The giant drill hall of the Park Avenue Armory, for decades home to bustling art and antiques fairs and National Guard exercises, could hardly be more different from the Refectory of Santa Maria Delle Grazie in Milan, the dim, hushed site of Leonardo da Vinci's "Last Supper."
It's also a useful metaphor for the task of Rebecca Robertson, the president and executive producer of the Park Avenue Armory, who took the job in 2006 after leading the redevelopment of Lincoln Center and the New 42nd Street. In the four years since the 1880s armory (once known as the Seventh Regiment Armory) was transferred from control by the neglectful State of New York—in 2000, the building was listed as one of the 100 most endangered historic sites by the World Monuments Fund—to a private nonprofit organization, Ms. Robertson has been remaking it as a cultural venue.
But given the very full list of cultural offerings in the Big Apple, Ms. Robertson has also, like Mr. Greenaway, done some reimagining. Her vision for the armory as a 21st-century arts center is hitched to "the power of the space." It means using that unobstructed drill hall—an area she says is unavailable elsewhere in New York City—to accommodate spectacles like "Leonardo's Last Supper." And instead of following the normal practice of focusing on one or more of the performing arts or on the visual arts, "We do all of the arts equally," Ms. Robertson says. "We're in a position that there's so much out there—you just make sure it's right for the space."
The armory began programming in September 2007, with a 9,216-square-foot "action" painting called "Greeting Card" by Aaron Young, for which 10 choreographed motorcycles tore up a 72-by-128-foot plywood form, painted black. They left a tangle of tire marks that had scratched through the black to reveal patches of fluorescent orange underneath.
The piece was a signal, Ms. Robertson says, that "this is not a house museum." Similar offerings, like "Die Soldaten"—an epic opera in which the audience moved "through the music" —followed, if sporadically. Before a full arts program could be offered, Ms. Robertson had to supervise a $68 million renovation of the armory that included an electrical, acoustical and mechanical upgrade of the drill hall.
It's an improvement Ms. Robertson can't resist showing off. Never mind that I had already read all about it, regularly visited the armory, and had had a recent tour of many of its late-19th-century period rooms. "But you haven't seen the Moose Room," she says when I arrive for our interview, leading me to a large, wood-paneled room with a desk, a sofa, chairs, books, papers and other stuff. "This is where John Kelly, one of our artists in residence, works. And he holds salons here; he shows his work, and they discuss it." At the back is her real destination—a tiny balcony overlooking the drill hall, where she enthusiastically points out the new catwalks and electrical equipment that make productions like Mr. Greenaway's possible.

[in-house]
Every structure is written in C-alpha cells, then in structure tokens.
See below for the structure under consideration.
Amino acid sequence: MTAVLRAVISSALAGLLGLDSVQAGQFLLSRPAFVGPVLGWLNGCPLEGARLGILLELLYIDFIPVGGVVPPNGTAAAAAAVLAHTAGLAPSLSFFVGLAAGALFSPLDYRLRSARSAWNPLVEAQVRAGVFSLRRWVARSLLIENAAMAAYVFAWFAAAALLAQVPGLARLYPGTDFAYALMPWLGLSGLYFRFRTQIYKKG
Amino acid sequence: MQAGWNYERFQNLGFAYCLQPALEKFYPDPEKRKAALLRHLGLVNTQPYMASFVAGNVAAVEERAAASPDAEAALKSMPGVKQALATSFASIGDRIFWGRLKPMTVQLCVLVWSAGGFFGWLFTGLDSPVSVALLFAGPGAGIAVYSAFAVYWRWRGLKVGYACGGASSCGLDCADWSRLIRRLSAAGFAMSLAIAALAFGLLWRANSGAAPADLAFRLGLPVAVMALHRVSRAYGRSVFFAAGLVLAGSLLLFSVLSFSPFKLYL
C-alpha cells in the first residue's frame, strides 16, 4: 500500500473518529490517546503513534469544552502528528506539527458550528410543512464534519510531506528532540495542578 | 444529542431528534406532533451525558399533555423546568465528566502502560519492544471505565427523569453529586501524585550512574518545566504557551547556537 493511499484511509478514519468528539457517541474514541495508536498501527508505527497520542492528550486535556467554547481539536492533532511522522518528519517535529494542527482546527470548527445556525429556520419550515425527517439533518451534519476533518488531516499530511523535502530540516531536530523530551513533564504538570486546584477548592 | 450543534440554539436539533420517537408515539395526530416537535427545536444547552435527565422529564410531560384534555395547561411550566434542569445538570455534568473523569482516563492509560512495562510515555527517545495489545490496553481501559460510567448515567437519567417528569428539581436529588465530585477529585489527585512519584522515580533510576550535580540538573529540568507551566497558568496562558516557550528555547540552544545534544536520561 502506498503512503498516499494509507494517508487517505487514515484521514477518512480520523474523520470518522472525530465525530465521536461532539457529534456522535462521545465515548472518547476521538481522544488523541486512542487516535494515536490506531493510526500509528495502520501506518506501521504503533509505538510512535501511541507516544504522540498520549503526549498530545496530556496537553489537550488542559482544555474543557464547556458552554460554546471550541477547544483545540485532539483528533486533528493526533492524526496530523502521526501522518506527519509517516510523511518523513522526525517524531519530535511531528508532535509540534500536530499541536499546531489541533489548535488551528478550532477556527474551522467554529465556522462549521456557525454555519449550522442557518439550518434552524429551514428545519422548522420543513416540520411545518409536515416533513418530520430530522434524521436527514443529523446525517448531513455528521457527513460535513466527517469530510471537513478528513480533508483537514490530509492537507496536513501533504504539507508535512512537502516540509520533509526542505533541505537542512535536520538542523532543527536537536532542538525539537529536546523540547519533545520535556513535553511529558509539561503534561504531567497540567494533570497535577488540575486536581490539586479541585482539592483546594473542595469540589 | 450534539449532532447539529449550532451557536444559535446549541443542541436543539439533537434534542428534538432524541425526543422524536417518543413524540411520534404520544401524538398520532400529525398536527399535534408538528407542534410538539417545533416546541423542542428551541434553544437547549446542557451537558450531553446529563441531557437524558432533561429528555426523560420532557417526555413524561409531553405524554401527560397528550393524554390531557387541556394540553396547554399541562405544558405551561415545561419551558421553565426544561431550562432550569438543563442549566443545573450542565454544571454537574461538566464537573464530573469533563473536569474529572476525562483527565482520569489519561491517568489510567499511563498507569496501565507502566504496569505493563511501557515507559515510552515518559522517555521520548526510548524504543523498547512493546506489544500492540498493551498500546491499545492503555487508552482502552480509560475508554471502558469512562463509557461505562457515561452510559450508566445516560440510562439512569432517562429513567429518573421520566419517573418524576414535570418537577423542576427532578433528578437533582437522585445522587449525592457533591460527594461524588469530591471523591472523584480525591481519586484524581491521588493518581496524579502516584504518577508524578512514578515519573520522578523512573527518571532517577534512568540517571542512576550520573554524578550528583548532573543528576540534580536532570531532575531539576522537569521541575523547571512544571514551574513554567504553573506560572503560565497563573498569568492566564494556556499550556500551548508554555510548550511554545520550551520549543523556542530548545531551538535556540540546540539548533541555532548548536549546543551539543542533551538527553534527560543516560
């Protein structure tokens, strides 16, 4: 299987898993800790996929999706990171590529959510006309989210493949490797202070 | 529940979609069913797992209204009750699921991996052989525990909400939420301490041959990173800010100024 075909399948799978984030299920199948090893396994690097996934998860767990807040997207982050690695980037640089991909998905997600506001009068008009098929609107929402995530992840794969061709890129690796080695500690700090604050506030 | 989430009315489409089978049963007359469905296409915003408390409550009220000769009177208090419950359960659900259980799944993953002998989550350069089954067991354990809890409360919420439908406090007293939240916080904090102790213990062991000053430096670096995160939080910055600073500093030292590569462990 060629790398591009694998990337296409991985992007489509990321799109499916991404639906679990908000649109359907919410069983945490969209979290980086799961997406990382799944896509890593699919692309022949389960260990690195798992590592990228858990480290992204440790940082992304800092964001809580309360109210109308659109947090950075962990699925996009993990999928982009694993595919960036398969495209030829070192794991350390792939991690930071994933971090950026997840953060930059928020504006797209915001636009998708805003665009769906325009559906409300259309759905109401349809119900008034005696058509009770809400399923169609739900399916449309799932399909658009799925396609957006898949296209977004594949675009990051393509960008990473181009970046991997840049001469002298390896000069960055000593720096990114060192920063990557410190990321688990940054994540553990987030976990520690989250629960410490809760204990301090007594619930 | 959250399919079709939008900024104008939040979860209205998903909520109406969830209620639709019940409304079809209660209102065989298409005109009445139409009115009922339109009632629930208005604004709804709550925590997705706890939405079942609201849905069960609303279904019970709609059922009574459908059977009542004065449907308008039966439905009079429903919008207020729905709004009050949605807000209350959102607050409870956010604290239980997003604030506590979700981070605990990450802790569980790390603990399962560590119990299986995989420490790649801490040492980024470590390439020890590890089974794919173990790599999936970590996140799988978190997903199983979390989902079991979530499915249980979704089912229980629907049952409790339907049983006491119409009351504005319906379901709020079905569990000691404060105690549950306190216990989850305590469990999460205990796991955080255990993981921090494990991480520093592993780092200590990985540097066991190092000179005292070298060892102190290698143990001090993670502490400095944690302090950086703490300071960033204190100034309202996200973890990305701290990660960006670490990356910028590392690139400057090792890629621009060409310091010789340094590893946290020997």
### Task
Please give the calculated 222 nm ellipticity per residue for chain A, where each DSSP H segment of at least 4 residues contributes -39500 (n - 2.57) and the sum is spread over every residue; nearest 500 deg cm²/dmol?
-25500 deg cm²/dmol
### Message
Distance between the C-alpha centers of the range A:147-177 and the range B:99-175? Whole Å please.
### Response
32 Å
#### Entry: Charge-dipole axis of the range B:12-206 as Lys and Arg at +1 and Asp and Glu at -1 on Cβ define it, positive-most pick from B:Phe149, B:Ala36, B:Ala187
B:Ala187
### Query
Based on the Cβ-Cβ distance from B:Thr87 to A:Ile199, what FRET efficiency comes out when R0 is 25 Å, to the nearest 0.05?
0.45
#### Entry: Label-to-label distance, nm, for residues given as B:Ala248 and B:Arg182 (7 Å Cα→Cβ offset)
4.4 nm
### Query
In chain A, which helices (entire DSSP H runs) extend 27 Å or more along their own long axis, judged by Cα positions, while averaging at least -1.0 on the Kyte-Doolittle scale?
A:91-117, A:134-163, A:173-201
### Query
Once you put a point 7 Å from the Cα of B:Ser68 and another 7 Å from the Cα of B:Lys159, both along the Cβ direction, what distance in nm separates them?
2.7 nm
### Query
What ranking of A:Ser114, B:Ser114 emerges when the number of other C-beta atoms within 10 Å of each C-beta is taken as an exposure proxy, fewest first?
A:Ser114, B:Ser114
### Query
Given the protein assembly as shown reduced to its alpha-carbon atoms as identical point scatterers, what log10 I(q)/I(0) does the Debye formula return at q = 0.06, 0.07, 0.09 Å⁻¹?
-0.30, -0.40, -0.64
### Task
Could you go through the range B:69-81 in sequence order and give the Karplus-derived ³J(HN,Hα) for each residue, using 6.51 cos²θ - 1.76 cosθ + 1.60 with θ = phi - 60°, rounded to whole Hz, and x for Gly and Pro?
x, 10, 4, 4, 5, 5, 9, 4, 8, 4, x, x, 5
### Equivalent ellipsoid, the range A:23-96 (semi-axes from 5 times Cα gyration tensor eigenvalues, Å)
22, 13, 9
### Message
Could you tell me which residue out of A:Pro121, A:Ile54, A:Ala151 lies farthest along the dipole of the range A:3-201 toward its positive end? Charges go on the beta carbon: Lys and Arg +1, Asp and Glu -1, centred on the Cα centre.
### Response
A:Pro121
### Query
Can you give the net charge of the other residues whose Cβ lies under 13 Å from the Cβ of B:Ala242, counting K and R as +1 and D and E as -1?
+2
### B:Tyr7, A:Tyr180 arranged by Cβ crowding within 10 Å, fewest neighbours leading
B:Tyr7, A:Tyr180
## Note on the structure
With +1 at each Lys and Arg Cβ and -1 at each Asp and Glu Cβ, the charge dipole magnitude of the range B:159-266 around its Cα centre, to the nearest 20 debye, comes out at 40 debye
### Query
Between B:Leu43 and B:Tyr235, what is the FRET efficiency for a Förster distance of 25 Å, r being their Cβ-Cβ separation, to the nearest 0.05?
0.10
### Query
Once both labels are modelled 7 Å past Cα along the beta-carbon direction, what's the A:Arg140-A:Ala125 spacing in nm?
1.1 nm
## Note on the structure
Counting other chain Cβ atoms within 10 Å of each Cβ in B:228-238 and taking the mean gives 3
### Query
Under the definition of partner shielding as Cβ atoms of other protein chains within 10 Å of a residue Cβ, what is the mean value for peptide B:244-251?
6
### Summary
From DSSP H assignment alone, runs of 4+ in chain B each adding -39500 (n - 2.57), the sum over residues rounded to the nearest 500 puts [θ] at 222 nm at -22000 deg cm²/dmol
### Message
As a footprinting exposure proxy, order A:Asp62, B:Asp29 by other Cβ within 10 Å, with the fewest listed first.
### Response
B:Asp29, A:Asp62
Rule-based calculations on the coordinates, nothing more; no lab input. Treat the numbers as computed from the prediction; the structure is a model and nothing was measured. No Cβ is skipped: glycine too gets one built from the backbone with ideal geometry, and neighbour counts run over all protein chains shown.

Greenaway's Last Supper. Photo by James Ewing, Courtesy of the Park Avenue Armory
But this strategy, good as it may be for new art, presents a challenge. To make the armory work financially, Ms. Robertson must draw members—not necessarily season subscribers, but people who will support the armory and its arts programming across the board.
Yet, as she acknowledges, most arts consumers show strong preference for a particular arts discipline or two, not the full panoply. They favor classical music or dance or visual art, perhaps dipping into others from time to time to a much lesser degree. Critics—whose reviews attract attention—are also organized by discipline.
The armory is looking for a crossover audience, which has tended to be small. "I think crossover is really important if you look at the way arts are going," Ms. Robertson says. "People want multimedia."
Or, she thinks, they will. The armory plans an $8 million budget for 2011, with about $2.5 million of that going toward programming, including educational programs and the artists in residence. But tickets will be "affordable," Ms. Robertson says. "The gate will grow in importance, but now our major mission is to get people in here," she adds. "Building audience and affiliation is what we are doing now."
The whole plan depends on partnerships with other cultural groups, not least because the armory has no endowment and must raise its operating funds from donors. Its $116 million bank account, depleted of $68 million for the initial renovation, must also be fattened to cover the cost of the next phase of the armory's redevelopment. For that, Swiss architects Herzog & de Meuron, who have designed many museums, are working on a plan that will likely be announced next spring.
Ms. Robertson declines to discuss their designs, except to say that they will include additional stabilization and restoration work on the building exterior and renovation of the period rooms. She hints that the Herzog & de Meuron plans will also surprise. Recalling the building's initial architects, who included Louis Comfort Tiffany and Stanford White, she reminds me that "They were avant-garde in their time. This has been a place of fantasy from the beginning."
In theory, she says, "You should never know what you'll see" in advance. Then she tells of a video the armory has made of people coming through the doors of the drill hall, to the art on view. "They are all going 'ah,'" she says—a result she wants to replicate in the future.